“Our evaluation assumes 3 per cent year-on-year development in demand for fertilisers and a moderation of uncooked materials and fertiliser costs within the second half of this fiscal. If demand is larger than anticipated, or enter costs don’t soften even within the second half, the subsidy invoice might inch as much as Rs 1.8-1.9 lakh crore,” the report added.
In line with the report, up to now two fiscals, the federal government has paid a further Rs 1.2 lakh crore and elevated the budgeted subsidy.
Nevertheless, the steep rise in uncooked materials costs has been negating this and one other intervention could also be wanted in 2022-23, the Crisil report famous.
“Over 85 per cent of the subsidy arrears may very well be contributed by urea. It’s because pooled fuel costs – a mix of home fuel and imported LNG thought of for billing to fertilisers crops – had shot up greater than 75 per cent final fiscal, and is anticipated to stay elevated for many a part of 2022-23, due to the Russia-Ukraine battle,” Crisil Rankings director Nitesh Jain stated.
On the similar time, retail costs of urea have stayed put, growing the federal government’s subsidy burden, he famous.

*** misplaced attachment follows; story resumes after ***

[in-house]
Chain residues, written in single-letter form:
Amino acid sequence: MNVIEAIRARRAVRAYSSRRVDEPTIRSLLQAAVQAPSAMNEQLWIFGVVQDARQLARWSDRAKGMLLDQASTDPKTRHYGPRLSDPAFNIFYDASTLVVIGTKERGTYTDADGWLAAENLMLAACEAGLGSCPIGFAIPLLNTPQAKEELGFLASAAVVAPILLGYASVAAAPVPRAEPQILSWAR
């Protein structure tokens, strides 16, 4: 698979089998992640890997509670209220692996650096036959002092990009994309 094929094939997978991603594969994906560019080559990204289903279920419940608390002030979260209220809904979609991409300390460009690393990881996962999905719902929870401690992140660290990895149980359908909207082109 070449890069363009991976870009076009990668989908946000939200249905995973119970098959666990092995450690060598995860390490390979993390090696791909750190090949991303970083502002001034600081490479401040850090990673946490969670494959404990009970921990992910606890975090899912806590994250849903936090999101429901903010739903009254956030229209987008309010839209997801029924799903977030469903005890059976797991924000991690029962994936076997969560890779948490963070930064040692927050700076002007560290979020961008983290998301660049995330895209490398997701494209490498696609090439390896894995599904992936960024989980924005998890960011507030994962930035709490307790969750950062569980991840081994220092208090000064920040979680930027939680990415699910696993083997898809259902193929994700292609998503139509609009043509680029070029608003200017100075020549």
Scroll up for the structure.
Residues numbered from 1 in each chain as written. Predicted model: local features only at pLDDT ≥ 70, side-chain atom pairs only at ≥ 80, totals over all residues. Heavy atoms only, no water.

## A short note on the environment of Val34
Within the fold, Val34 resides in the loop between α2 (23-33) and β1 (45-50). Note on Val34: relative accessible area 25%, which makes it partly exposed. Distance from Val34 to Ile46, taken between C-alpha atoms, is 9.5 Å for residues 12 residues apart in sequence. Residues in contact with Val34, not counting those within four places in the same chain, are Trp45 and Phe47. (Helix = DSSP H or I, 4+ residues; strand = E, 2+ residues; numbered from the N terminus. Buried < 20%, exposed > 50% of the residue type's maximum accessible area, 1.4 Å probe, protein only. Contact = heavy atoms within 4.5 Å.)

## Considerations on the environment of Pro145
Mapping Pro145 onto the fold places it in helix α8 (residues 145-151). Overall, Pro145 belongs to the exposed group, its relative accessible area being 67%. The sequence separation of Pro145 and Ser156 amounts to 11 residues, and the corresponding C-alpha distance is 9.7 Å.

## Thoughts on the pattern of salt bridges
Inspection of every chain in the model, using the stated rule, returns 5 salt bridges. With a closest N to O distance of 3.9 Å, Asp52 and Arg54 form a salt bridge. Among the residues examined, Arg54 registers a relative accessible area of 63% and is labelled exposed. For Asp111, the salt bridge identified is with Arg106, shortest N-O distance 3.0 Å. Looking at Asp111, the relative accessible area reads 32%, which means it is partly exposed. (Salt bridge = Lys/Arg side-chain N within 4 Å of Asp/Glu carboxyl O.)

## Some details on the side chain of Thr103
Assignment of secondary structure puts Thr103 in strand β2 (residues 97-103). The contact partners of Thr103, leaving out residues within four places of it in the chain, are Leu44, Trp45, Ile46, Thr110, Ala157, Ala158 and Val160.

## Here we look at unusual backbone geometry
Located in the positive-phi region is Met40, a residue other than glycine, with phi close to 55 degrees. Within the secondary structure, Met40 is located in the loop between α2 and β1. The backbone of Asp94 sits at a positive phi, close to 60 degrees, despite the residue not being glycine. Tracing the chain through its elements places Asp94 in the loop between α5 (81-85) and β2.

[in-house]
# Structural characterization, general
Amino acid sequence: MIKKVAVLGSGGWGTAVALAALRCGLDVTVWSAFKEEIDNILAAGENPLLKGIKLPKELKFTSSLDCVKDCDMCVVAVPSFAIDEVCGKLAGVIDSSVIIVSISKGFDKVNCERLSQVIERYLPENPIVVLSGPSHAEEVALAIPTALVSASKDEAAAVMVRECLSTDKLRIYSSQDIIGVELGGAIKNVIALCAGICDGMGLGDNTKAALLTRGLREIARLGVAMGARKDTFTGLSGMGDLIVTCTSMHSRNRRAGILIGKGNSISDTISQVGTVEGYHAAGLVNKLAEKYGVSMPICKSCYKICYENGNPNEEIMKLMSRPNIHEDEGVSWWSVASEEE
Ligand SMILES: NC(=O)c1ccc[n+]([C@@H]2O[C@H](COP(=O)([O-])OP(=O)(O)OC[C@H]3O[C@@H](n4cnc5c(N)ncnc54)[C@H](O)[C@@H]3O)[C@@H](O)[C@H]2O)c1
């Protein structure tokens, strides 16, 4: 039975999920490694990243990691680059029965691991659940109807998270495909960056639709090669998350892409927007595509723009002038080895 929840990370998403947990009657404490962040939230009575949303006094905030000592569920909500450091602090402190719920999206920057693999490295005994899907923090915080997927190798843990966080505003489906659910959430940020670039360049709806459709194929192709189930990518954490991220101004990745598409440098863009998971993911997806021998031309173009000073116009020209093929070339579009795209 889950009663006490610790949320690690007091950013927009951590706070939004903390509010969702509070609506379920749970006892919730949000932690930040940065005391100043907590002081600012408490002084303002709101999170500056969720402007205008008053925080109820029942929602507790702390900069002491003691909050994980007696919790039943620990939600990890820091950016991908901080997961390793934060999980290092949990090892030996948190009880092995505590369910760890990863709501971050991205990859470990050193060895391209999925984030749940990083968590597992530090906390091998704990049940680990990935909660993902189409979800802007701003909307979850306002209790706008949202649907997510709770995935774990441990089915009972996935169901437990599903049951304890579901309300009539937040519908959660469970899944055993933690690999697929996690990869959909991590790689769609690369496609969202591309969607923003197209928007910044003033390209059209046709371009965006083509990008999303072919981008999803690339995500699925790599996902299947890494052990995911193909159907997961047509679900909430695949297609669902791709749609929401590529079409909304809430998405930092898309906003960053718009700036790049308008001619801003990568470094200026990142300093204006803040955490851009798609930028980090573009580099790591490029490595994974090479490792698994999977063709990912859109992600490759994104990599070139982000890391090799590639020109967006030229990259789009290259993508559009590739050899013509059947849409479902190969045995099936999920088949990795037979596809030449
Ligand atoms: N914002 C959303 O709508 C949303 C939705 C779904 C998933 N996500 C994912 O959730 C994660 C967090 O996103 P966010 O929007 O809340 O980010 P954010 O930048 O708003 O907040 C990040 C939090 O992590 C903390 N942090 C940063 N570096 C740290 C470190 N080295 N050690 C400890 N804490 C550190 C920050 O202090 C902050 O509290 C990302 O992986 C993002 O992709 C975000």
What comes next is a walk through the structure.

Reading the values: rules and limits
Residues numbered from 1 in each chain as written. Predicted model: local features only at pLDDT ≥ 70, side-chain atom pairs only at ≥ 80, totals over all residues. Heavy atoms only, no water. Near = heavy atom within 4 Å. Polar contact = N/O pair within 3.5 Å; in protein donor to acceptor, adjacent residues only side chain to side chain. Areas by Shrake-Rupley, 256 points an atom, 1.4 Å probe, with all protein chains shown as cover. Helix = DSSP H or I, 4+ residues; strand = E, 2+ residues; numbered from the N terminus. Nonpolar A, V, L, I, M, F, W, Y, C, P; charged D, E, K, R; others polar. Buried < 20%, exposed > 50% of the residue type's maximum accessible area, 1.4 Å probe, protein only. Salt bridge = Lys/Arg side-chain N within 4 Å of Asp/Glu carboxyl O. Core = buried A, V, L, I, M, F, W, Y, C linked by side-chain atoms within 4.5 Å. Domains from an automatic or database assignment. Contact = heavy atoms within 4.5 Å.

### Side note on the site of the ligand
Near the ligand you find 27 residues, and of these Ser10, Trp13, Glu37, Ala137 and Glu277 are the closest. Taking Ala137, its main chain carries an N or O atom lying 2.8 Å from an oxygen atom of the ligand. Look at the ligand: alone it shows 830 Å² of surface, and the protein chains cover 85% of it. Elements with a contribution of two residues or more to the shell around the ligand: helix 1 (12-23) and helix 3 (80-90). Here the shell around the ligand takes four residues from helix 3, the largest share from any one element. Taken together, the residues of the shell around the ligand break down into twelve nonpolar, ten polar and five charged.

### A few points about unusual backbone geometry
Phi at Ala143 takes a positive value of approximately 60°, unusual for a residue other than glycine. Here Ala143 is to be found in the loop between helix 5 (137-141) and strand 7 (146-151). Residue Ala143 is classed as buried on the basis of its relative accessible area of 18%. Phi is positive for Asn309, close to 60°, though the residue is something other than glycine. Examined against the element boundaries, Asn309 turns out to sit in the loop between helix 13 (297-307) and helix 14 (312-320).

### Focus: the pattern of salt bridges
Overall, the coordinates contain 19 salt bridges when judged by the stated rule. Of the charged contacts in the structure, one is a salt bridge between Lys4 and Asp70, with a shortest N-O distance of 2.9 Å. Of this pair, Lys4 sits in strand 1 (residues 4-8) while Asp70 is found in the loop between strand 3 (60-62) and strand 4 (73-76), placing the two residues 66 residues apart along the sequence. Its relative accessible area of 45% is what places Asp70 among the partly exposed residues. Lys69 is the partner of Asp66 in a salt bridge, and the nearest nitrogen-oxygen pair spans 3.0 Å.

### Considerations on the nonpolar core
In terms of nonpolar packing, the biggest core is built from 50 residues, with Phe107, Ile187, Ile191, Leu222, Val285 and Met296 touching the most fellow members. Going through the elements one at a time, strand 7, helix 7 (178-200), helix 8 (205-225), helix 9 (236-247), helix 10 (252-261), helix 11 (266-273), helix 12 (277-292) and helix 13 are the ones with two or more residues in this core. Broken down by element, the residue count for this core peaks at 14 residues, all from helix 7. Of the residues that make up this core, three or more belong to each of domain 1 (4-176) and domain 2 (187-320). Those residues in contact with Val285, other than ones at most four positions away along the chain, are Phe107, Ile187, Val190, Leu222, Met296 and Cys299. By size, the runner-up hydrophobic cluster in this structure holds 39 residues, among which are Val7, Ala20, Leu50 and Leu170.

“This could be regardless of some respite possible from the commissioning of recent home capacities that would doubtlessly halve India’s import dependence for urea from practically 28 per cent in fiscal 2021,” he added.
The retail promoting worth (RSP) of urea is mounted by the federal government, the report defined.
To spur farmers to make use of fertilisers for higher crop yield, the federal government retains the RSP considerably decrease than the market fee, and reimburses the urea makers by subsidy funds, it stated.
Whereas this protects the profitability of urea makers to a big extent, the RSP remaining unchanged regardless of rising prices will imply the federal government should foot a much bigger subsidy invoice, it added.
Likewise, costs of phosphoric acid and rock phosphate – elements for non-urea fertilisers – have additionally gone up by 92 per cent and 99 per cent, respectively, up to now 12 months by March 2022.
Additional, provided that Russia, Belarus and Ukraine are the key suppliers of non-urea fertiliser elements, the continuing battle will solely exacerbate the state of affairs, it acknowledged. Whereas non-urea makers have hiked costs, it is probably not enough to cowl the escalation in price, Crisil stated.
For non-urea fertiliser makers, the federal government pays subsidy as per the nutrient-based subsidy (NBS) charges, that are but to be introduced for this fiscal.
On this backdrop, the credit score profiles of fertiliser makers will rely on elements like further subsidy outlay, primarily for urea makers, and revision of NBS charges for non-urea makers.
Any delay in, or inadequacy of, subsidy funds can have a bearing on the money flows of fertiliser makers, and result in larger working capital wants, the report added.